Seeking Nanoscale Defenses for Biological and Chemical Threats
Advancing the front lines of research for the detection and decontamination of chemical and biological threats is the mission of an international scientific workshop organized by Worcester Polytechnic Institute (WPI) and the Georgian National Academy of Sciences, and is sponsored by the Science for Peace and Security Programme of the North Atlantic Treaty Organization (NATO).
Part of NATO's Advanced Research Workshop series, the event is titled "Nanotechnology to Aid Chemical and Biological Defense" and will take place September 22-26 in Antalya, Turkey.
The workshop will focus on nanoscale science and technology as applied to pathogens like Methicillin-resistant Staphylococcus aureus (MRSA), Francisella tularensis (tularemia), and Bacillus anthracis, the bacterium that causes anthrax. The goal is to eventually engineer new materials that can detect and defend against many biological and chemical agents at the atomic and molecular levels.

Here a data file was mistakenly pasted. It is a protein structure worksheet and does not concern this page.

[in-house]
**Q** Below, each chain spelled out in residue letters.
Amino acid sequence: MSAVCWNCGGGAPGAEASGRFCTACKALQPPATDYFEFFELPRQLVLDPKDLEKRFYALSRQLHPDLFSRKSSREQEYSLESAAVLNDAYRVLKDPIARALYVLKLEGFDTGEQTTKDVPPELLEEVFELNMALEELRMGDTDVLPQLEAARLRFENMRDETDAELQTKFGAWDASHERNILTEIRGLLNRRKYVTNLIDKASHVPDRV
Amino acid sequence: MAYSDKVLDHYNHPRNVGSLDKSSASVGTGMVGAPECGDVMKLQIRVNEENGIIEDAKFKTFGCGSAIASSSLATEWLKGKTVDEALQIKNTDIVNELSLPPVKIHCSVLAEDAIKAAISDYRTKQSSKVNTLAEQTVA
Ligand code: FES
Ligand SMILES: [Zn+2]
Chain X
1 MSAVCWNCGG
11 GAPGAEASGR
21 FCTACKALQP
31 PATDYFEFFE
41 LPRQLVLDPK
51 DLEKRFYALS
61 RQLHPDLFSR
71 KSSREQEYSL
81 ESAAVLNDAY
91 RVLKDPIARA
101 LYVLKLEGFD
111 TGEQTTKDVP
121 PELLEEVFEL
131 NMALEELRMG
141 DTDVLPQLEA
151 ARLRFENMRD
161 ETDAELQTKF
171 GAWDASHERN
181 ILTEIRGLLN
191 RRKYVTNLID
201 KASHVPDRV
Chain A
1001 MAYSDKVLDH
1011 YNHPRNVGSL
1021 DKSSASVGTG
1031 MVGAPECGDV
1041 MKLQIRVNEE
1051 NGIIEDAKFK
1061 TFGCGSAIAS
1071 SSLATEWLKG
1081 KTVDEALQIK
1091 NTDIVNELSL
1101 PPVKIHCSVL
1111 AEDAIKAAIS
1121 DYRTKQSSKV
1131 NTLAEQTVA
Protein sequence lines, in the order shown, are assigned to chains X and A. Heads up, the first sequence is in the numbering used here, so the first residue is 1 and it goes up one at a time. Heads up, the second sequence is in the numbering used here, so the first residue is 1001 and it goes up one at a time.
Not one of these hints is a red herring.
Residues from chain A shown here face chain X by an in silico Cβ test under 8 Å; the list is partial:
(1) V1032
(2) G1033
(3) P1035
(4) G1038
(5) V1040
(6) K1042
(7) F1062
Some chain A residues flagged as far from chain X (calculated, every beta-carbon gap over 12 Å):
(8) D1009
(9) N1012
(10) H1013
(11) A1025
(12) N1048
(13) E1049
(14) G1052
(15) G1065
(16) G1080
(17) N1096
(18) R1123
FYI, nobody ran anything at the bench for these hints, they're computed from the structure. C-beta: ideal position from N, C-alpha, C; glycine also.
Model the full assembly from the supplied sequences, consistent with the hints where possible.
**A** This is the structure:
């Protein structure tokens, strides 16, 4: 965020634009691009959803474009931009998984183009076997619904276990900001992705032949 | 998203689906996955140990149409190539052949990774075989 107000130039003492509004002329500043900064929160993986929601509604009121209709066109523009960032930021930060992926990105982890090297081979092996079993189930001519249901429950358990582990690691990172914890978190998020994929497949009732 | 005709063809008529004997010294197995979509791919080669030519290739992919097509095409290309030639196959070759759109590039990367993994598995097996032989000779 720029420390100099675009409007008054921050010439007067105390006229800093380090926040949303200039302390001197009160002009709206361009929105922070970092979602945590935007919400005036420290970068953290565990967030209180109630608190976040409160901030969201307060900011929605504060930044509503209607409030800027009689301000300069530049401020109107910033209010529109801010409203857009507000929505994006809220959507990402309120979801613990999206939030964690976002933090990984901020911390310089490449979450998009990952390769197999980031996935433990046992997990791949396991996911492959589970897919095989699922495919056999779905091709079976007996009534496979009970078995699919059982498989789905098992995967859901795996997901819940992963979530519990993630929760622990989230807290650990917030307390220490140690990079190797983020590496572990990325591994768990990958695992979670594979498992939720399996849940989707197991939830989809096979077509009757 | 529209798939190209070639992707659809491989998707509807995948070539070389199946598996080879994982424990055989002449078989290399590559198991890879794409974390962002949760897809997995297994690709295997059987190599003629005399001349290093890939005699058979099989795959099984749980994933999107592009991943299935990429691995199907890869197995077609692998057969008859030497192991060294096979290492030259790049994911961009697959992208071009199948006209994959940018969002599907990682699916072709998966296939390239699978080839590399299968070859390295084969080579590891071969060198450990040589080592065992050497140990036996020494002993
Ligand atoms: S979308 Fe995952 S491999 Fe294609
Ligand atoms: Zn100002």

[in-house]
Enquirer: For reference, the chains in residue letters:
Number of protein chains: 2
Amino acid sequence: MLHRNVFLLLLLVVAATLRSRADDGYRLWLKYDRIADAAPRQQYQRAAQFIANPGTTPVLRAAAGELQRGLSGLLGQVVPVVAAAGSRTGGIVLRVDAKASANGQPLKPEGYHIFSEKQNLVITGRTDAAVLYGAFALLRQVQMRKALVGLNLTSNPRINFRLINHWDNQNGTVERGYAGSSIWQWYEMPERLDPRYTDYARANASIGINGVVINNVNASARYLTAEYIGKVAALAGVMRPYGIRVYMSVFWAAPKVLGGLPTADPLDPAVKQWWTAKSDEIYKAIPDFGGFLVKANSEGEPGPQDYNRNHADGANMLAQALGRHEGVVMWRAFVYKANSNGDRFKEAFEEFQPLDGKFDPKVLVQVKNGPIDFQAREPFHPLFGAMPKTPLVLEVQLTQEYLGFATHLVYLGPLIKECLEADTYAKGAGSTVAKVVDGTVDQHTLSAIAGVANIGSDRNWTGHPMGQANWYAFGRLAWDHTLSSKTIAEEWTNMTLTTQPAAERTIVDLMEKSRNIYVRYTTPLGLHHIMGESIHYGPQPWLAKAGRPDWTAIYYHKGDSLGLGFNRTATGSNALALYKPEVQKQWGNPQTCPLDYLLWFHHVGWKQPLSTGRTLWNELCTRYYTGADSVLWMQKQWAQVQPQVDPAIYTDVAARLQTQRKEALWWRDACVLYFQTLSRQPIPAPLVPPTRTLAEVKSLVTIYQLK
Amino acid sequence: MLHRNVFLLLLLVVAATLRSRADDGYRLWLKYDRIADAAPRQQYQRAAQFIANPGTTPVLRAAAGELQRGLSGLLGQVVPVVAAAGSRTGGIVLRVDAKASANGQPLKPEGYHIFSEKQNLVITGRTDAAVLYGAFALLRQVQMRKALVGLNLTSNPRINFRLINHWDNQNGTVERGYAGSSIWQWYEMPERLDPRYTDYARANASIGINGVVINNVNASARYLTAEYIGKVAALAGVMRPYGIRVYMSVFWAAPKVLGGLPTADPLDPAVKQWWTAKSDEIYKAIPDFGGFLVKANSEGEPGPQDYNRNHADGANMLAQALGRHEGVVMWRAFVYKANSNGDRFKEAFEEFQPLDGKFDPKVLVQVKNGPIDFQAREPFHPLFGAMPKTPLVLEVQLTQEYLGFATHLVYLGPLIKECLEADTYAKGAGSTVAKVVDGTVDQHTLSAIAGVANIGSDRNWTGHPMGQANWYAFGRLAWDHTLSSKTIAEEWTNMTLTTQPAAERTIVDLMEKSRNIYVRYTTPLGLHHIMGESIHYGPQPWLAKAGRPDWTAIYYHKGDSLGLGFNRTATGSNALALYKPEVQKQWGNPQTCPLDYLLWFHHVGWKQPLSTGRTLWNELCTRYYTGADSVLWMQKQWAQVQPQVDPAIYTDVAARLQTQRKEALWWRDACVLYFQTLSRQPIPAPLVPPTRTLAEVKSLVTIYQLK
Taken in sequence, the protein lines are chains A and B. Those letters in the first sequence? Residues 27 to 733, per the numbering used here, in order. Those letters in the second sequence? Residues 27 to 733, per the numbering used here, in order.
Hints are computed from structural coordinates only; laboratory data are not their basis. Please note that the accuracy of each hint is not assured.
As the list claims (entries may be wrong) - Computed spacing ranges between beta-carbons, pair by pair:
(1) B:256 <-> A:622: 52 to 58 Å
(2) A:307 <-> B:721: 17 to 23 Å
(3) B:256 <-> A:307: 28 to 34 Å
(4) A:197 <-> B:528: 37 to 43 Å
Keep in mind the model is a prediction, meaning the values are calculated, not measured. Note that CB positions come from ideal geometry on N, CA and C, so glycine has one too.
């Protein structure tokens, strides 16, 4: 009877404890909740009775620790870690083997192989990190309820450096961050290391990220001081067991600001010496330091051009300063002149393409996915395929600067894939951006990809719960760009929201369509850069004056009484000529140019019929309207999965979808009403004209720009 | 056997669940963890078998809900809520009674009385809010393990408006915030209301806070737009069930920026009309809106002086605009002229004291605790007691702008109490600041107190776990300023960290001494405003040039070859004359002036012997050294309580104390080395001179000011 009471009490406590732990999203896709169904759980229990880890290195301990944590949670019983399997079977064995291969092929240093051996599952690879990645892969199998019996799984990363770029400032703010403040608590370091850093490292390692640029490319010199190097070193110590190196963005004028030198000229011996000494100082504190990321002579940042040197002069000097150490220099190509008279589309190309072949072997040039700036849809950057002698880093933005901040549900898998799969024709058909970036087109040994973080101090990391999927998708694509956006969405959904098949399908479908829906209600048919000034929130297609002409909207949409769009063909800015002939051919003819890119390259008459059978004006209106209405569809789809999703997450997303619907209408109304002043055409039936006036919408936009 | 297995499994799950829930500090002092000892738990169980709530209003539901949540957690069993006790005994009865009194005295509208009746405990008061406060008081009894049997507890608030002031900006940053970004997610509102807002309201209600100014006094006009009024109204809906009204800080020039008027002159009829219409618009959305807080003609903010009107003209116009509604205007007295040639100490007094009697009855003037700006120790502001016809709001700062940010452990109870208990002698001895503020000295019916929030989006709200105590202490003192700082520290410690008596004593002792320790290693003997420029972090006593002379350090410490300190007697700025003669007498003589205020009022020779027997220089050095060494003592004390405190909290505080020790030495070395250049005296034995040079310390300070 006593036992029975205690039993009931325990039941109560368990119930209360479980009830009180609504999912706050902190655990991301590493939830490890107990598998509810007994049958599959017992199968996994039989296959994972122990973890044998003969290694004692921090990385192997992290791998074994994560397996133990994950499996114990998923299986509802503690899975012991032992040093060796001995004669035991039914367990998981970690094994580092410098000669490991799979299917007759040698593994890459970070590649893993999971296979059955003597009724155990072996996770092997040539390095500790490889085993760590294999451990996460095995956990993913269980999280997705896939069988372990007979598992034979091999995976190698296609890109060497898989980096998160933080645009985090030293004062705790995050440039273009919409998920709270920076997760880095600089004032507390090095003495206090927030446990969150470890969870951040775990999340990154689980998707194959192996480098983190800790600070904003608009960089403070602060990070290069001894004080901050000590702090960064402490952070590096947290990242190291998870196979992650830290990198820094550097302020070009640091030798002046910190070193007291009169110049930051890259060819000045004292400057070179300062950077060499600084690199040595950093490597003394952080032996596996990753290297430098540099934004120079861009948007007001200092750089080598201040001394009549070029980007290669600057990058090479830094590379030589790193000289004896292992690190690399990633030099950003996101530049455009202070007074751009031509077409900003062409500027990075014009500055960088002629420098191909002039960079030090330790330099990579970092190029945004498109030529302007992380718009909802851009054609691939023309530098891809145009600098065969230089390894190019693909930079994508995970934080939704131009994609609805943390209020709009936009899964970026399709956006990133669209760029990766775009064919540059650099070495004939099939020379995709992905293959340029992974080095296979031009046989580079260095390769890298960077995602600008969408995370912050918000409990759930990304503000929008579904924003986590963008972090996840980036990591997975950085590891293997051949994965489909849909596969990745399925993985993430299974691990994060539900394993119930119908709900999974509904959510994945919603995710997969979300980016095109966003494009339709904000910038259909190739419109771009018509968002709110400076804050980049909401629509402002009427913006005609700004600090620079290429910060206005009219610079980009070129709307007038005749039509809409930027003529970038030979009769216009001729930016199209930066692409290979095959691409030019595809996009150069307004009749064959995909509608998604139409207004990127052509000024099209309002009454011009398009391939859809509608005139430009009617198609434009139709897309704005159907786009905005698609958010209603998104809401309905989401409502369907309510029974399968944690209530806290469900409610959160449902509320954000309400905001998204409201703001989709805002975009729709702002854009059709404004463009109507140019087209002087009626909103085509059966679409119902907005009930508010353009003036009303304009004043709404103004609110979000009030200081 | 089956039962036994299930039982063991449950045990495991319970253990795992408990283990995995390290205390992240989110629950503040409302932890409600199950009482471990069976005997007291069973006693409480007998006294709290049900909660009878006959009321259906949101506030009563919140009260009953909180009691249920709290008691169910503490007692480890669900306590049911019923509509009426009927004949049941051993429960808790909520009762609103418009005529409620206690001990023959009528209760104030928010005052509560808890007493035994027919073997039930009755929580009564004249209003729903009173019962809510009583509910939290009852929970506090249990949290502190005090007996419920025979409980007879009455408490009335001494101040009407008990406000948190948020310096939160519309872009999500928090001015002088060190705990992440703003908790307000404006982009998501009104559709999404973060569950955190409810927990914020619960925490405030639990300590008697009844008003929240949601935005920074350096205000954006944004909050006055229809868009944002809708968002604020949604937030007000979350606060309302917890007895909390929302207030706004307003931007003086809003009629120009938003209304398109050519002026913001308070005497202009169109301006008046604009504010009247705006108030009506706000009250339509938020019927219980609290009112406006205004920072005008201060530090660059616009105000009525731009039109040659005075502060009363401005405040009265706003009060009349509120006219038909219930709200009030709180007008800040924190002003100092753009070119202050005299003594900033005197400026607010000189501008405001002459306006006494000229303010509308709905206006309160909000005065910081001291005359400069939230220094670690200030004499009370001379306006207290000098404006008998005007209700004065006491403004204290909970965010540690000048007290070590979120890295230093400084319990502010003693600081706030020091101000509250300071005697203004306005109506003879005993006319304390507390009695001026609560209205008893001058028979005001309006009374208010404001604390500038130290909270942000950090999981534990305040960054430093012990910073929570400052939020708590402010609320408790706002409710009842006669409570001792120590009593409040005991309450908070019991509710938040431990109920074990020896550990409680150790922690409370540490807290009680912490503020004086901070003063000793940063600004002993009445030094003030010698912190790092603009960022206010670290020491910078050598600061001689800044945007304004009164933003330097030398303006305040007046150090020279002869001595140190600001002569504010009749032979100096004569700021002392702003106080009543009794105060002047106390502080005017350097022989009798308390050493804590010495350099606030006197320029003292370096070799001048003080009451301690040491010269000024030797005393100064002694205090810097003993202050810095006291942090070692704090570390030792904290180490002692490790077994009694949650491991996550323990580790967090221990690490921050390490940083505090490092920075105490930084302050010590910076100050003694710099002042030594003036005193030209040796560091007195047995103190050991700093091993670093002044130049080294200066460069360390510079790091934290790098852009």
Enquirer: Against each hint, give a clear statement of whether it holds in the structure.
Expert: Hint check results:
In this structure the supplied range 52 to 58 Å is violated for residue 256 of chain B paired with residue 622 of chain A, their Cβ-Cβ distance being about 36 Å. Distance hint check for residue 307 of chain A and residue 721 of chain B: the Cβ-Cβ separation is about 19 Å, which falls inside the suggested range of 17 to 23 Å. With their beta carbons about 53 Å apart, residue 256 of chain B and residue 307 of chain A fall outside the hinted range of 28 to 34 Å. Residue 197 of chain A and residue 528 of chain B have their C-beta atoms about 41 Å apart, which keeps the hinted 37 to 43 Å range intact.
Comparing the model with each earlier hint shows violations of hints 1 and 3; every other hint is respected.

"Our hope is that by sharing the latest science and discussing the key challenges in the field we can accelerate technology development to help protect people around the world from these terrible threats," said Terri Camesano, professor of chemical engineering and dean of graduate studies at WPI, who is the lead organizer and co-chair of the workshop.
More than 20 leading researchers from Europe and the United States, along with graduate students from their labs and collaborating institutions, will participate in four days of presentations and rigorous discussions on a wide range of aspects relevant to biological and chemical threats. In addition to co-chairing the event, Camesano will present a talk about the potential to use naturally occurring antimicrobial peptides to detect biological threats. The workshop is co-chaired by Giorgi Kvesitadze, president of the Georgian Academy of Sciences in Tiblisi, who will present current research on how certain microorganisms and plants metabolize toxins.
Among the other scientists participating in the workshop are: Robert Botto, of the United States Defense Threat Reduction Agency; Levent Kenar of Gulhane Military Medical Academy in Ankara, Turkey; Raj Mutharasan of Drexel University; Mladen Franko of the University of Nova Gorica in Slovenia; Perena Gouma of Stony Brook University; Mario Böhme of Darmstadt University of Technology in Germany; and Giorgio Sberveglieri of the University of Brescia in Italy. Additional information about the workshop and the program of scientific presentations is available here.